for(x = 0; x < amount, x++)
    ->
    Code:
    for(x = 0; x < amount; x++)
    And what's this? . . .
    Code:
       cout << "The largest argument submited is " << num[max] << "." << endl;
       cout << "The smallest argument submited is " << num[max] << "." << endl;
    [edit] Also, getch() would likely be in <conio.h>. But cin.get() is a much better idea anyway. [/edit]
    dwk

    Seek and ye shall find. quaere et invenies.

    "Simplicity does not precede complexity, but follows it." -- Alan Perlis
    "Testing can only prove the presence of bugs, not their absence." -- Edsger Dijkstra
    "The only real mistake is the one from which we learn nothing." -- John Powell


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  12. #12
    Unregistered User Yarin's Avatar
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    True. Hey, I didn't compile to check, and those 3 problems are very small. Fixed anyway.
    A class that doesn't overload all operators just isn't finished yet. -- SmugCeePlusPlusWeenie
    A year spent in artificial intelligence is enough to make one believe in God. -- Alan J. Perlis

  13. #13
    C++ Witch laserlight's Avatar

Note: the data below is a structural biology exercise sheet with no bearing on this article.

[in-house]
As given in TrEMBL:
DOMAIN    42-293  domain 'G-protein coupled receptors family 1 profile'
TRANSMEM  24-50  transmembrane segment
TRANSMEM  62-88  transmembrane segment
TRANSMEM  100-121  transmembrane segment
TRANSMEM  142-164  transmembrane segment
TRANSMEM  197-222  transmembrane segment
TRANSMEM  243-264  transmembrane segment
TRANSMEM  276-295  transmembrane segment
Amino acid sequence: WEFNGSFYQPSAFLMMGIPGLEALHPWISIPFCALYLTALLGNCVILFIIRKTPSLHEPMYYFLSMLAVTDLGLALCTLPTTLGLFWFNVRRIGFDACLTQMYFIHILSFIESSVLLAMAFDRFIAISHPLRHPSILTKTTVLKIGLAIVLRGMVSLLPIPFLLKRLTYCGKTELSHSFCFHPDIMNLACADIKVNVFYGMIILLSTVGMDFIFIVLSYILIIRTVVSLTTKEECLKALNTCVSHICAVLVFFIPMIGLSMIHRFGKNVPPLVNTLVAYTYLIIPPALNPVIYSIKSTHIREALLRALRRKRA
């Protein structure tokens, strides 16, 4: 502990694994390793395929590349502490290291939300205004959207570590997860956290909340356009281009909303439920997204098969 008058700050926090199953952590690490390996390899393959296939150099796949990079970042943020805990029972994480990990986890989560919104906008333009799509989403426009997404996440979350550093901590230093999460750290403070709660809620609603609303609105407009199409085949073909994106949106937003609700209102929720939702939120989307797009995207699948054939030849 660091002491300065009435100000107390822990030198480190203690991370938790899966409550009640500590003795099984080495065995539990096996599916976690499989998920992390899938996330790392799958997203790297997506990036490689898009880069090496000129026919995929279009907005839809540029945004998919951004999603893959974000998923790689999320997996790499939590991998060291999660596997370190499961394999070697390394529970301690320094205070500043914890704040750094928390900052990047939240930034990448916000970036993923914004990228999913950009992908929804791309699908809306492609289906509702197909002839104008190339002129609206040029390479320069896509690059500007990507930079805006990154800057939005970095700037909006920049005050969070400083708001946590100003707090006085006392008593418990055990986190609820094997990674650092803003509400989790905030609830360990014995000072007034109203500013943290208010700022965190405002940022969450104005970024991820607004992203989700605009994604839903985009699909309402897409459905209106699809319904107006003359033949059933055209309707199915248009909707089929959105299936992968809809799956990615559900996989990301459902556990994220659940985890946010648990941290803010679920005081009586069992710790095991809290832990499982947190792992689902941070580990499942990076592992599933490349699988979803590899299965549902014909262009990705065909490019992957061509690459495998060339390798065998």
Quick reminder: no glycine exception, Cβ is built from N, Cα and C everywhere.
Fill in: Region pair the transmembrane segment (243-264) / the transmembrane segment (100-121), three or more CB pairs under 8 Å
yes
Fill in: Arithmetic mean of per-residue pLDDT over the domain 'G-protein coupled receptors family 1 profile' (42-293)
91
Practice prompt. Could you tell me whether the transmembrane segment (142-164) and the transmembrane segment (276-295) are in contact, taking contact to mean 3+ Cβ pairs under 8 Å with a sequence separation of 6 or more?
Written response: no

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    I didn't compile to check, and those 3 problems are very small.
    I thought "they are there to test stressedstudent" would be a better comeback

    Honestly though, fix the use of VLAs (variable length arrays) and remove conio.h. It is a bad habit to inculcate in a stressed student.
    Last edited by laserlight; 09-26-2007 at 12:24 PM. Reason: VLA ::= Variable Length Array
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  14. #14
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    Don't change the VLA's to dynamic array, change it to a vector. There's no good reason to use a dynamic array over a vector here.

  15. #15
    Unregistered User Yarin's Avatar
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    Good now? What are VLAs?
    A class that doesn't overload all operators just isn't finished yet. -- SmugCeePlusPlusWeenie
    A year spent in artificial intelligence is enough to make one believe in God. -- Alan J. Perlis